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  • Sophie Arthur

Life Sciences Awardee 2020: Dr Cécile Martinat

Dr Cécile Martinat, of the Institute for Stem Cell Therapy and Exploration of Monogenic Diseases (I-Stem), France, has been chosen to receive a prestigious award celebrating the achievements of women in STEM. Dr Martinat will be honoured at a special event on Friday 6 November 2020, the sixth Suffrage Science awards celebration for women working in the Life Sciences.

The ‘leaky pipeline’ is a recurring metaphor for gender imbalance in STEM, highlighting the fact that many of the women who start in these fields do not stay long term. The UK Resource Centre (UKRC) guide shows that at GCSE level, the split of boys and girls is nearly 50:50 as you would expect as science is all but compulsory at this stage. But at A Level, higher education and into senior career positions, the proportion of women participating in STEM falls away, with only nine per cent of STEM professors being female (1). While women make up 45.7 per cent of the total science professional workforce, there are marked differences in representation of women in the chemical, biological and physical sciences (2). Overall, the pace of change will need to increase in coming years for the trend to move in a positive direction again.

On Friday 6 November 2020, 11 scientists and science communicators from across the world will officially receive their awards. The Suffrage Science awards, curated by the MRC London Institute of Medical Sciences, celebrate women in STEM subjects, and encourage others to enter and reach senior leadership roles.

The 11 awardees are chosen by the previous award holders for their scientific achievements and ability to inspire others. This scientific “relay” takes place every two years, and creates an inspiring network of women connected by their link to the scheme.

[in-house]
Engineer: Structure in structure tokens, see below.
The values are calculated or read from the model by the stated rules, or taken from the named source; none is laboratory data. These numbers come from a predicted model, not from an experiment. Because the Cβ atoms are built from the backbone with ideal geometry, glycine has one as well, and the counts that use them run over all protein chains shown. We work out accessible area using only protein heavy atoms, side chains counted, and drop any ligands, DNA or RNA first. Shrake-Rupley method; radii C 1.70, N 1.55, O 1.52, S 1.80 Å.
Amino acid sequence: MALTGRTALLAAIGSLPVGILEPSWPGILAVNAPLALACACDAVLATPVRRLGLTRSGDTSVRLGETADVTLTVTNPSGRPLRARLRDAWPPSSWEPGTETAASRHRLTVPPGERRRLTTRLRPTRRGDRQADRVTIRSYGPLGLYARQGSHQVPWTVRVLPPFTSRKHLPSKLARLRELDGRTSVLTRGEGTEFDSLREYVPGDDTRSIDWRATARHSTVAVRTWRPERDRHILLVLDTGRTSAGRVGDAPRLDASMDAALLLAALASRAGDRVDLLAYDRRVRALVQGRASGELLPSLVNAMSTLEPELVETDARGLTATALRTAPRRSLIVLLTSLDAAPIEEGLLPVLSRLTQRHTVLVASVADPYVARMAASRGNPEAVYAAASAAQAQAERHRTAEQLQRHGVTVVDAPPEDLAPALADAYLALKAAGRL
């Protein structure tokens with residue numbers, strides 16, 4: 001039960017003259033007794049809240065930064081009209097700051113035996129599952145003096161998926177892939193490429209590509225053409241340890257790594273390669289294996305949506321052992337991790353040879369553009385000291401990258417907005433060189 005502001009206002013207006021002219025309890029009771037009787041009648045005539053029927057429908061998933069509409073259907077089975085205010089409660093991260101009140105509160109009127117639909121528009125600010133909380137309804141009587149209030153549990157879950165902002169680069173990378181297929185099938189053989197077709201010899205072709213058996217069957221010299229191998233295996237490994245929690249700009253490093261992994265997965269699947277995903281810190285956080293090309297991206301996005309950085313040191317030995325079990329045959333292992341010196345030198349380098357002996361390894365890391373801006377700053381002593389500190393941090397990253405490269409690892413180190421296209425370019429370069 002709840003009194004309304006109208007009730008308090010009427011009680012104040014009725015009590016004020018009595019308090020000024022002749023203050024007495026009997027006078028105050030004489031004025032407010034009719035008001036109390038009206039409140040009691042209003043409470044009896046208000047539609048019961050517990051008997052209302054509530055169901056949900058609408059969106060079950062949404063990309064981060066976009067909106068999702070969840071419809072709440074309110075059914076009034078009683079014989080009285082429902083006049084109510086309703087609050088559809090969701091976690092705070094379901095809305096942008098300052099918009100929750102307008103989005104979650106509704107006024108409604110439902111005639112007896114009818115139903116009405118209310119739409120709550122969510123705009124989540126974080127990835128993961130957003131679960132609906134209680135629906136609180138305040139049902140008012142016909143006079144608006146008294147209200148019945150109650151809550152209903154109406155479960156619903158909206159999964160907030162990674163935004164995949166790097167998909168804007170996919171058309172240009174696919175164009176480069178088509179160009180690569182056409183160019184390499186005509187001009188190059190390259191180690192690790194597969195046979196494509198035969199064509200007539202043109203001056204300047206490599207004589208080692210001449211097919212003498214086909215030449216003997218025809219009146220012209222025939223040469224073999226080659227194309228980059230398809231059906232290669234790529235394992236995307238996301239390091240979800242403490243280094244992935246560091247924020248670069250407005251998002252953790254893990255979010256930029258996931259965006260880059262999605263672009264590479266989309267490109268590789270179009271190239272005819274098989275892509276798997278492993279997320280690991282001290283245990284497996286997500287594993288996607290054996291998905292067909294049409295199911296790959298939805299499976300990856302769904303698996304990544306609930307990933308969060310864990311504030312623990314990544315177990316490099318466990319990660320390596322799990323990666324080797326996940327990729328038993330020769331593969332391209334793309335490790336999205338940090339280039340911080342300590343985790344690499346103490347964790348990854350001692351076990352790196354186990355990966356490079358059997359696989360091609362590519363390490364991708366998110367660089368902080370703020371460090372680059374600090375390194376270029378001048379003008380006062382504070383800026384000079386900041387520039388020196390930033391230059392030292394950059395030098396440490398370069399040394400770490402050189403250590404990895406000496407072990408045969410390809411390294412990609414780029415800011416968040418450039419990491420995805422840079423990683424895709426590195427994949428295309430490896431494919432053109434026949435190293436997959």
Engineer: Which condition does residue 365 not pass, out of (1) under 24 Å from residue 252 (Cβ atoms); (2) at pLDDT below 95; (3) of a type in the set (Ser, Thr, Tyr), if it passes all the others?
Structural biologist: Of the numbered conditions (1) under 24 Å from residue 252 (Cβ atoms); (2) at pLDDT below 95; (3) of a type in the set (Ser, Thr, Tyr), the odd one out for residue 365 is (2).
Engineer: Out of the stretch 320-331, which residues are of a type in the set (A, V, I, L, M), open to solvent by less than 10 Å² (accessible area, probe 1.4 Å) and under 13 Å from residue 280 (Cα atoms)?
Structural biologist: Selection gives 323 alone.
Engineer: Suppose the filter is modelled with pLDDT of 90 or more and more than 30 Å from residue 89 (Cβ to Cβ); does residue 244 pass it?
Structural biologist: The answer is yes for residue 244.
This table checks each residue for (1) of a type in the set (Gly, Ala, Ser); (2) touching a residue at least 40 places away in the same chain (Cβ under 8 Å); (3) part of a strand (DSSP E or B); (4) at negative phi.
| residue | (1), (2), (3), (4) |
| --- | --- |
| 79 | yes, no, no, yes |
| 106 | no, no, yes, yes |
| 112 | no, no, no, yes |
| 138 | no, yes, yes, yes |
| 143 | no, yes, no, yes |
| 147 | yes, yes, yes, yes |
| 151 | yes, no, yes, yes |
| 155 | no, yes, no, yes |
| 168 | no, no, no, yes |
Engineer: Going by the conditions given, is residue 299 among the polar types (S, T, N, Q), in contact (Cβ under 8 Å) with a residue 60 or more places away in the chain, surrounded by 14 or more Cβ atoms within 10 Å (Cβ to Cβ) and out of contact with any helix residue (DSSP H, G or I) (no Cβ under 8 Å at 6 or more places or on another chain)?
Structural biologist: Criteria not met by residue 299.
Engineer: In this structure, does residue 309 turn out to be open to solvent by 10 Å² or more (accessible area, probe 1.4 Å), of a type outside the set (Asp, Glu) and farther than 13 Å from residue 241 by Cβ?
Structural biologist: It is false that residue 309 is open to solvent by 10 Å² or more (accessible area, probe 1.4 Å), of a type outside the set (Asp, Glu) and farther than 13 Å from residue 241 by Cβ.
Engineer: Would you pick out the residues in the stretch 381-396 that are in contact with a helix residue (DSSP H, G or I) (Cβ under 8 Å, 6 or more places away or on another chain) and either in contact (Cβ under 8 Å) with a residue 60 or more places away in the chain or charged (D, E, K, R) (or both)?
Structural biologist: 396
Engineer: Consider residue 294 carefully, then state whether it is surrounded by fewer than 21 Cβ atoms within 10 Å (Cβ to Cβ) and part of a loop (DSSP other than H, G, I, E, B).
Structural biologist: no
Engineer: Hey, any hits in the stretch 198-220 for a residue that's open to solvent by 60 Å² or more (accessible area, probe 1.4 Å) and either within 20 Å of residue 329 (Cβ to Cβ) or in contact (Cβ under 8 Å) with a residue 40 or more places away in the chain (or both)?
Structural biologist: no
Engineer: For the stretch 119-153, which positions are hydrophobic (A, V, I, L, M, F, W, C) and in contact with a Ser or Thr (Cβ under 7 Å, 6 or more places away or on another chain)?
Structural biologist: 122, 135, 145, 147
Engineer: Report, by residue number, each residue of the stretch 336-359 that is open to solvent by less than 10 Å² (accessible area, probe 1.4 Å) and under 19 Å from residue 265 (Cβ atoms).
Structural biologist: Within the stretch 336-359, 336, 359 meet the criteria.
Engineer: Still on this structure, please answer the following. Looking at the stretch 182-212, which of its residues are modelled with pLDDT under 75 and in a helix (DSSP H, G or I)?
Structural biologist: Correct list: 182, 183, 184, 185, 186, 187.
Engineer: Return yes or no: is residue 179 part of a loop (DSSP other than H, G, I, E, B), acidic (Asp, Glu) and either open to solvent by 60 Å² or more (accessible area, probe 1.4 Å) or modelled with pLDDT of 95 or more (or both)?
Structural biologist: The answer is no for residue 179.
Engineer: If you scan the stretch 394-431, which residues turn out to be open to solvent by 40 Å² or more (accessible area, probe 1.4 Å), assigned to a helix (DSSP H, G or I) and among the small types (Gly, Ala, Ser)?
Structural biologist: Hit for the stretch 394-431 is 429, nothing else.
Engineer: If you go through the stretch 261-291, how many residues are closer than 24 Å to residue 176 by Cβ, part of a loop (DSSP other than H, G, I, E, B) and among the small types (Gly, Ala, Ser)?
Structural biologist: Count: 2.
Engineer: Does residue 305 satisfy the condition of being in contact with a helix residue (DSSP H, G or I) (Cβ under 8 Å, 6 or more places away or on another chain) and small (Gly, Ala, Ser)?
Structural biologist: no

The awards themselves are hand-crafted items of jewellery created by art students from Central Saint Martins-UAL, who worked with scientists to design pieces inspired by research and by the Suffragette movement, from which the award scheme takes its name.

Professor Claire Rouguelle, of Paris Diderot University, nominated Dr Cécile Martinat. Prof Rouguelle said:

"Cécile is a great scientist. She conducts cutting edge research in basic science with strong therapeutic perspectives. She also takes leading roles in developing and structuring stem cell research in France and internationally, and promotes science and its communication to the general public. I admire her scientific qualities, but also for her tireless investment for the community, her generosity and humility. On top of it, she manages to balance an intense scientific career with her family life, being mother of 2 young boys. Cécile is thus an inspiring figure for women, and men, in science."

The Suffrage Science scheme was initiated by Professor Dame Amanda Fisher, Director of the MRC London Institute of Medical Sciences (LMS) in 2011. Professor Fisher said: “Now that the Life Sciences section of the Suffrage Science scheme is in its ninth year, these “heirloom” items of inspiring jewellery have helped to create a self-perpetuating network of talent and contacts to help others to succeed. This year’s awardees join a community of over 130 scientists. Since 2011, the awards have travelled from the UK, across Europe to the USA, Hong Kong and to Uganda, illustrating the international nature of science and engineering, and the global effort to improve the representation of women in STEM.”

This awards handover ceremony was scheduled for 20 March 2020, but postponed as a result of COVID-19. The award handover will now take place on Friday 6 November 2020, with winners announced over the coming weeks.

You can see the lineage of this and other awards within the Life Sciences branch here, and meet the other 2020 Life Sciences awardees here.


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